A Last Chance
By early 1991, we were finishing up the PBS documentary, "The Election Held Hostage," as President George H.W. Bush was basking in the afterglow of his Persian Gulf victory and looking forward to a cakewalk to his reelection.
However, on April 15, 1991, former National Security Council staffer Gary Sick wrote an op-ed for the New York Times in which Sick, who had been a skeptic about the October Surprise suspicions, weighed in with a conclusion that new evidence of Republican treachery had tipped the balance for him.
The next day, April 16, "Frontline" aired our documentary, which recounted much of the new evidence but did so without reaching any hard-and-fast conclusions. [A DVD copy of the documentary is now available as a gift premium for donations to Consortiumnews.com. Click here for details.]
The combination of factors -- Sick's op-ed, the PBS program, and the emergence of new witnesses, especially Ben-Menashe -- created interest among some Democratic investigators in Congress although most Republicans were adamant against conducting any serious investigation.
It soon became clear to me that a major counterattack was coming. Ben-Menashe was an especially inviting target because he not only threatened the interests of Republican power, but he represented a potential disaster for Israel. According to Ben-Menashe's account, Israel's Likud government had participated in a clandestine scheme to ensure the defeat of President Carter.
In other words, Israel had brazenly interfered with the electoral process of its crucial ally, the United States, to push out one president and put in another.
Ben-Menashe also was beginning to collaborate with investigative journalist Seymour Hersh on Hersh's book, The Samson Option, examining Israel's most sensitive secret, its advanced nuclear weapons program.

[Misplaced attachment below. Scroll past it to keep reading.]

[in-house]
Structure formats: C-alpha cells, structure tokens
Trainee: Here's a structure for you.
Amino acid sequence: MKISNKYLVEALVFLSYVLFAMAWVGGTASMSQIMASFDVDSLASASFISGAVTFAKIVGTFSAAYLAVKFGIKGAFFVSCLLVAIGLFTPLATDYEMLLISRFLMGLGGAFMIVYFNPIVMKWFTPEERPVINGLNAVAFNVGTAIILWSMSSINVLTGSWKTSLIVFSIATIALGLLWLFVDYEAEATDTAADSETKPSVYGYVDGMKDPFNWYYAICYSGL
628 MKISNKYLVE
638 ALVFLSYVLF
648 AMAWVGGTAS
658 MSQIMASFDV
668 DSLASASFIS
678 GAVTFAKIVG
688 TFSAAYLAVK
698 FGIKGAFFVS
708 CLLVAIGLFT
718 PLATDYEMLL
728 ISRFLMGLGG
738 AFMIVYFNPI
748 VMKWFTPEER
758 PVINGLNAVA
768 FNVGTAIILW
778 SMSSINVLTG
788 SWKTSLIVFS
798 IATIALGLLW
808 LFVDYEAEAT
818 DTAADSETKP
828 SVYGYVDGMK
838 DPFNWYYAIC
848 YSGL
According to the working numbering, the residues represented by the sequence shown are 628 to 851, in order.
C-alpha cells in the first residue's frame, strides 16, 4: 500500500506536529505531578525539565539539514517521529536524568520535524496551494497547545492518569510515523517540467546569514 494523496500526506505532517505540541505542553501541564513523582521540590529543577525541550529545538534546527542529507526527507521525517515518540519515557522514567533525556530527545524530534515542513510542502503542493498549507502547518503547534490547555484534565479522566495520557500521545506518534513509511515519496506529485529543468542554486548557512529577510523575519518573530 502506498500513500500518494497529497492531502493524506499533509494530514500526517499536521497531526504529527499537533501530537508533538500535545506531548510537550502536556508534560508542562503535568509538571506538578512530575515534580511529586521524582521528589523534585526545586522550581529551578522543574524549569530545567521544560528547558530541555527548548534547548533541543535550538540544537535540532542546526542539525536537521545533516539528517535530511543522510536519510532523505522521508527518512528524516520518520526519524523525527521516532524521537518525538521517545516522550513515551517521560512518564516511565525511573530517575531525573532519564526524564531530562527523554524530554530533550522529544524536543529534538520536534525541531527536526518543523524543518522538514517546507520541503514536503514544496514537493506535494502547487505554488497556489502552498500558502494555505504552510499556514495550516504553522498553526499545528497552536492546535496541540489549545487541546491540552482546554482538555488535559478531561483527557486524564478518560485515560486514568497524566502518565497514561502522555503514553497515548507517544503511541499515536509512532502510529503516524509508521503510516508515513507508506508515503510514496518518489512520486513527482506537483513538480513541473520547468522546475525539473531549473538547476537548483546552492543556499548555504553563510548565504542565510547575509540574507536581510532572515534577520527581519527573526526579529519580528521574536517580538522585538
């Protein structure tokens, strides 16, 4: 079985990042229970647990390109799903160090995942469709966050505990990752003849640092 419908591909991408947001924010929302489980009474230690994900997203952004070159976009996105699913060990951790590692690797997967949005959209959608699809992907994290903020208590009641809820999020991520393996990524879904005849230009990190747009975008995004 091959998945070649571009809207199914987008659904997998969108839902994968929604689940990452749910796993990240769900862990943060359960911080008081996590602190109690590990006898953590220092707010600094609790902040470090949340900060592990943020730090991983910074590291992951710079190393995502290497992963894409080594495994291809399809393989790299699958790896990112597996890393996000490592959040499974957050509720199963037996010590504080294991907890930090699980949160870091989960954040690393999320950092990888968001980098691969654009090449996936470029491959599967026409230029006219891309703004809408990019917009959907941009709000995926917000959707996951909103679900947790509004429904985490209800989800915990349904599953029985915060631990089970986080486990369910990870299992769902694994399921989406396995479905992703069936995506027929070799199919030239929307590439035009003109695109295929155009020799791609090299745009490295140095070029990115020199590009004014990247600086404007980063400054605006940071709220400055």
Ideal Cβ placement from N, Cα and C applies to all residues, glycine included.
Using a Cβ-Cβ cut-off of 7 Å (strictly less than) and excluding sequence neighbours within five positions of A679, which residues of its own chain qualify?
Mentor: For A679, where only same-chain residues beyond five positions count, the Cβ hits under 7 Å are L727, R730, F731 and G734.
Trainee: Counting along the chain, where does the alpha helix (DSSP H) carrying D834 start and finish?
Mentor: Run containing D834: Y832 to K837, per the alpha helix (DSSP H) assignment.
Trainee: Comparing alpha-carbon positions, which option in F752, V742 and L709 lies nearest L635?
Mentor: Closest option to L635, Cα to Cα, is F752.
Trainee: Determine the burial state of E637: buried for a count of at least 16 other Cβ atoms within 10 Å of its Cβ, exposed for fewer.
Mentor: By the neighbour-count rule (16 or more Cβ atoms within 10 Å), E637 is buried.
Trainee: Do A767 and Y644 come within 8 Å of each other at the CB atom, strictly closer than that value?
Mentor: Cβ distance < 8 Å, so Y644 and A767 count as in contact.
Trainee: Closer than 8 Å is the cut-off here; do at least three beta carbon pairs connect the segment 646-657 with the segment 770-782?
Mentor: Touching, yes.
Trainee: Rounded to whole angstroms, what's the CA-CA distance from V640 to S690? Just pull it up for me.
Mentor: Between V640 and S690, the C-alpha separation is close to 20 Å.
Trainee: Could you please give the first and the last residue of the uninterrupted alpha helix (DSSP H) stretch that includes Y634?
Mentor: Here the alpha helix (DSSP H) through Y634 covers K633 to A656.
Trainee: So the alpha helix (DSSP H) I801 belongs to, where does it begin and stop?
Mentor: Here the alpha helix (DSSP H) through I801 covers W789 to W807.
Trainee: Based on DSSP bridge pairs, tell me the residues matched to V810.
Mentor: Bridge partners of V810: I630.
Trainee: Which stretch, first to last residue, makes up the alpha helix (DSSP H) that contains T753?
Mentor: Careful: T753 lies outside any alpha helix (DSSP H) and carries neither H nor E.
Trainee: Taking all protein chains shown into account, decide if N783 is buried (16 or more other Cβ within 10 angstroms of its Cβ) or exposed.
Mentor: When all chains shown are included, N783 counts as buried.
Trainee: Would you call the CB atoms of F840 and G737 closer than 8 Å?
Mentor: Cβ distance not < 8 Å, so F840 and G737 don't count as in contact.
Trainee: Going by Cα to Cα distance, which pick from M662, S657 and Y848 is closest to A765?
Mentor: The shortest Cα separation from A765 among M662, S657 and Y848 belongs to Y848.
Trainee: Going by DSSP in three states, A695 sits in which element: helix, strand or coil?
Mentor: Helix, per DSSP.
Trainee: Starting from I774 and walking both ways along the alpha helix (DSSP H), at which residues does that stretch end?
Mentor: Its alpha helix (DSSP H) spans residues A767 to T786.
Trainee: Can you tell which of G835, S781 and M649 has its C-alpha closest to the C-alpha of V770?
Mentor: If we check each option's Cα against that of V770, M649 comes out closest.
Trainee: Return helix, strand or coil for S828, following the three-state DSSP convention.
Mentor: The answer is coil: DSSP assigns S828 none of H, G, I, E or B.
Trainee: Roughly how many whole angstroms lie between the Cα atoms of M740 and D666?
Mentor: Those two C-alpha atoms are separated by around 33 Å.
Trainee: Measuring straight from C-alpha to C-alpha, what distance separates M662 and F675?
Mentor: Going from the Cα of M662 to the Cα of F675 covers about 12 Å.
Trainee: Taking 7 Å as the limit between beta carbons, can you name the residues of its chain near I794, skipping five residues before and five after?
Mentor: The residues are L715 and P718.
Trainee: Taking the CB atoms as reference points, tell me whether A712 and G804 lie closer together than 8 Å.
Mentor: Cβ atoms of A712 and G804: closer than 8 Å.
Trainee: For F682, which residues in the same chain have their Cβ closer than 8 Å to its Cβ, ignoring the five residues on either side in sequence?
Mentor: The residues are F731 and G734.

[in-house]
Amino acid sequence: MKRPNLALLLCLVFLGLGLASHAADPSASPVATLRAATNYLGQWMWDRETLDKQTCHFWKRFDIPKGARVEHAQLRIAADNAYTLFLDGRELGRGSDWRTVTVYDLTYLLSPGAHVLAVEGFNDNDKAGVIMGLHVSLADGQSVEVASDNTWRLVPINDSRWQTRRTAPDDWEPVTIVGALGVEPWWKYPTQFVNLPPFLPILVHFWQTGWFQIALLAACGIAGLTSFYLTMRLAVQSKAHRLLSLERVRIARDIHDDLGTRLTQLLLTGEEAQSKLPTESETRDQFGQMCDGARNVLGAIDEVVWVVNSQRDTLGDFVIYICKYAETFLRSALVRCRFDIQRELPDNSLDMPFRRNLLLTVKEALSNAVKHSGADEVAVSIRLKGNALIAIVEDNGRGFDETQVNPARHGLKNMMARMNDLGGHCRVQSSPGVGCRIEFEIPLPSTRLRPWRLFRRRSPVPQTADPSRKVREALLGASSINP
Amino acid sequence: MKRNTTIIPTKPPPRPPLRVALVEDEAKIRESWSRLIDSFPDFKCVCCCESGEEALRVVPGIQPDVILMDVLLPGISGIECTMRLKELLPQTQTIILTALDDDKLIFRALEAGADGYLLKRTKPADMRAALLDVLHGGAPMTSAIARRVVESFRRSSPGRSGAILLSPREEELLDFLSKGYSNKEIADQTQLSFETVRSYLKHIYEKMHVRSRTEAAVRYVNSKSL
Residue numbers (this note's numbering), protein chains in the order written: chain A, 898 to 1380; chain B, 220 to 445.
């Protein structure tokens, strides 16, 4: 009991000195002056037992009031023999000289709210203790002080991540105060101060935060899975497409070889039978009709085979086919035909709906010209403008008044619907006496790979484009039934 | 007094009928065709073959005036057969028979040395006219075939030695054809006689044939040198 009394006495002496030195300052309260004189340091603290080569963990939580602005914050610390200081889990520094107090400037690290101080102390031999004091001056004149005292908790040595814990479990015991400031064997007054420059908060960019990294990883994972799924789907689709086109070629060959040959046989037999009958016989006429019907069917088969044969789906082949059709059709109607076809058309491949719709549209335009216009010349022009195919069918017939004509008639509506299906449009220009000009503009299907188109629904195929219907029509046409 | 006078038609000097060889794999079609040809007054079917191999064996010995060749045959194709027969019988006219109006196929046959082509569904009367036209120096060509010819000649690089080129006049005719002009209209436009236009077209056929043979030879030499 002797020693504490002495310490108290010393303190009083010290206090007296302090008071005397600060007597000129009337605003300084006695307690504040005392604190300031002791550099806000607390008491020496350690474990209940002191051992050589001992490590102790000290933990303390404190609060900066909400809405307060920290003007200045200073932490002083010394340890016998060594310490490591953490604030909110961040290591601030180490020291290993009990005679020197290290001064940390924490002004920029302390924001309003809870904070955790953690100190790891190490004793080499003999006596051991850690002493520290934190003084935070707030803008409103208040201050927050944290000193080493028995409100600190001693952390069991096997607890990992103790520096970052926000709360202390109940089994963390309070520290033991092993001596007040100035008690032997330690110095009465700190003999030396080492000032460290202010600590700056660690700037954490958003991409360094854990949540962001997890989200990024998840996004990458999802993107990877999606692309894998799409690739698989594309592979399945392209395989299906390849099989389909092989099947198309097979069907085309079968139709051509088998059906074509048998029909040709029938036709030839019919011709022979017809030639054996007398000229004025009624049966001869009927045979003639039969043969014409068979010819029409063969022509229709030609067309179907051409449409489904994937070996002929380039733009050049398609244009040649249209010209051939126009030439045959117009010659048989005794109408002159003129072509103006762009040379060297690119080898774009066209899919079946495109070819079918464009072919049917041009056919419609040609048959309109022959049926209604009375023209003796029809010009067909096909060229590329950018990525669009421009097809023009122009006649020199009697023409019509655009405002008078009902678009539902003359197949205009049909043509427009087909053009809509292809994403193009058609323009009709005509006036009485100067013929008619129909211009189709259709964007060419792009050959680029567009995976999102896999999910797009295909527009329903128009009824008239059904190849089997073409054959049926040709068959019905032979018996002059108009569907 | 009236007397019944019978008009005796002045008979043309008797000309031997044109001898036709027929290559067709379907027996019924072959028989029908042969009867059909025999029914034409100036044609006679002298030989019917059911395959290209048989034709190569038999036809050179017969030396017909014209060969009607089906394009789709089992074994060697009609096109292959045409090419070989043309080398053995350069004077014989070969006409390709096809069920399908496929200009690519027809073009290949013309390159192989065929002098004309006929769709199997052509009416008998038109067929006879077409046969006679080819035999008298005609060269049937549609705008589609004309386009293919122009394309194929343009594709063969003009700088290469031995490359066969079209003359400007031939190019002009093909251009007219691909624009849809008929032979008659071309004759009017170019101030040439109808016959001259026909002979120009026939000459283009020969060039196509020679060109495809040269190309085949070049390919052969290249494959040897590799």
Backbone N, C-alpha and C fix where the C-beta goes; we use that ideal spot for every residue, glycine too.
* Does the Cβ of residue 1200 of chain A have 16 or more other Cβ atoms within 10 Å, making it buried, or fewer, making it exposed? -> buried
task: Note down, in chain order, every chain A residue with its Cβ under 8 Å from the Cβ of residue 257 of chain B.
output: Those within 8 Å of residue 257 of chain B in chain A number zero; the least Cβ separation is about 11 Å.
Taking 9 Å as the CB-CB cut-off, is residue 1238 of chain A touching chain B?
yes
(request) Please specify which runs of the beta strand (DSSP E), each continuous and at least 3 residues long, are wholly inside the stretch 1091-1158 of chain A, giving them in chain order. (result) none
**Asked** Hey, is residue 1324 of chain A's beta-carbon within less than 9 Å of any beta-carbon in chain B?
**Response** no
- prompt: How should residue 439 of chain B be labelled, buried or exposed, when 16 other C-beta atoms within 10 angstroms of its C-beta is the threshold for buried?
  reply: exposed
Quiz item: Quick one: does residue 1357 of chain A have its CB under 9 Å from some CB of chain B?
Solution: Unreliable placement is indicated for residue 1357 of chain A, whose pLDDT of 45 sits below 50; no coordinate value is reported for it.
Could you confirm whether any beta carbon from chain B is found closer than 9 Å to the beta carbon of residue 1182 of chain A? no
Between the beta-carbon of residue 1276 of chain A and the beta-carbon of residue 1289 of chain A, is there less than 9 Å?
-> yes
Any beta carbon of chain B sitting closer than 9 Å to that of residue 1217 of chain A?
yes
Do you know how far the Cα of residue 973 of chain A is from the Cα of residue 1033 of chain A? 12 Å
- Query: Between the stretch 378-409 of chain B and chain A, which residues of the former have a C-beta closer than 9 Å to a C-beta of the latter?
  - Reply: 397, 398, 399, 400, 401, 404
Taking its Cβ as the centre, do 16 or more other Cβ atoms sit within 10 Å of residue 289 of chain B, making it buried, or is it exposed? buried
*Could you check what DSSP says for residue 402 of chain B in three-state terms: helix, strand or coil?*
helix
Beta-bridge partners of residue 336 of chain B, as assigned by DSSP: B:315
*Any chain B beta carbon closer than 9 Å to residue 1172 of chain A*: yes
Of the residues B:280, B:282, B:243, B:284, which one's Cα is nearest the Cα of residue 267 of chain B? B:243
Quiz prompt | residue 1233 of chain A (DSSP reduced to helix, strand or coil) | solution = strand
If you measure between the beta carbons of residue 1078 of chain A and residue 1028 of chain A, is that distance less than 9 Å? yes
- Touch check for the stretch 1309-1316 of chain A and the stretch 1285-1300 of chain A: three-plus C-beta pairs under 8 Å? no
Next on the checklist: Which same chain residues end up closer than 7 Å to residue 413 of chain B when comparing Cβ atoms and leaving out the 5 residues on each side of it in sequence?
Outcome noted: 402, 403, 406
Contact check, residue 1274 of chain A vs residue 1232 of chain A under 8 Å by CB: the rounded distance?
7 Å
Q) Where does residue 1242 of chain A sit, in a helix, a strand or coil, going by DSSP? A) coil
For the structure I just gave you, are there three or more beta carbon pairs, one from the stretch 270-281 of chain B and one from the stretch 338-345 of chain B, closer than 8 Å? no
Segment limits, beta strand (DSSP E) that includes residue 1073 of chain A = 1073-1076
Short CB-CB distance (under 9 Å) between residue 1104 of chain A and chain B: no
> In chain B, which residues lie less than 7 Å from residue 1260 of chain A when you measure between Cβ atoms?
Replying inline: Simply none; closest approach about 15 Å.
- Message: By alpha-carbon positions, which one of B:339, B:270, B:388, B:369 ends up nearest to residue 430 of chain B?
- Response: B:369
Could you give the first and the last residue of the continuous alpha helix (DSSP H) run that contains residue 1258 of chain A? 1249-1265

Ben-Menashe was updating some of the nuclear-bomb secrets that nuclear technician Mordecai Vanunu had first revealed in 1986, a set of disclosures that had prompted Israeli intelligence to lure Vanunu from London to Rome, where he was kidnapped, returned to Israel and locked away for 18 years.
When I had traveled to Israel to question officials about Ben-Menashe, some had acknowledged his intelligence role but seethed that he was a "traitor" who should be treated without mercy.
For his part, after his acquittal, Ben-Menashe moved to Australia where he began work on his memoir, to be entitled Profits of War. However, the renewed interest in the October Surprise issue in spring 1991 prompted an invitation from staff investigators at the House Foreign Affairs Committee for Ben-Menashe to fly to Washington for a debriefing.
Ben-Menashe agreed to be interviewed and was preparing for a flight from Sydney to Los Angeles to Washington in May 1991. I had some more questions that I wanted to put to him, so Ben-Menashe suggested that I meet him at Dulles Airport when he arrived.
However, shortly before Ben-Menashe's scheduled trip, I received a phone call from an old CIA source with a curious warning. He said there was a plan afoot to intercept Ben-Menashe when he reached Los Angeles and put him on a plane to Israel where he would be imprisoned.
Not sure what to do, I contacted the House Foreign Affairs Committee staff, which agreed to make some inquiries. I soon got a call back telling me that Bush administration officials had given only vague responses, suggesting that the warning that I had received might be true.
I called Ben-Menashe in Australia, recommending that he postpone his flight. He later told me he was only minutes from departing for the airport.
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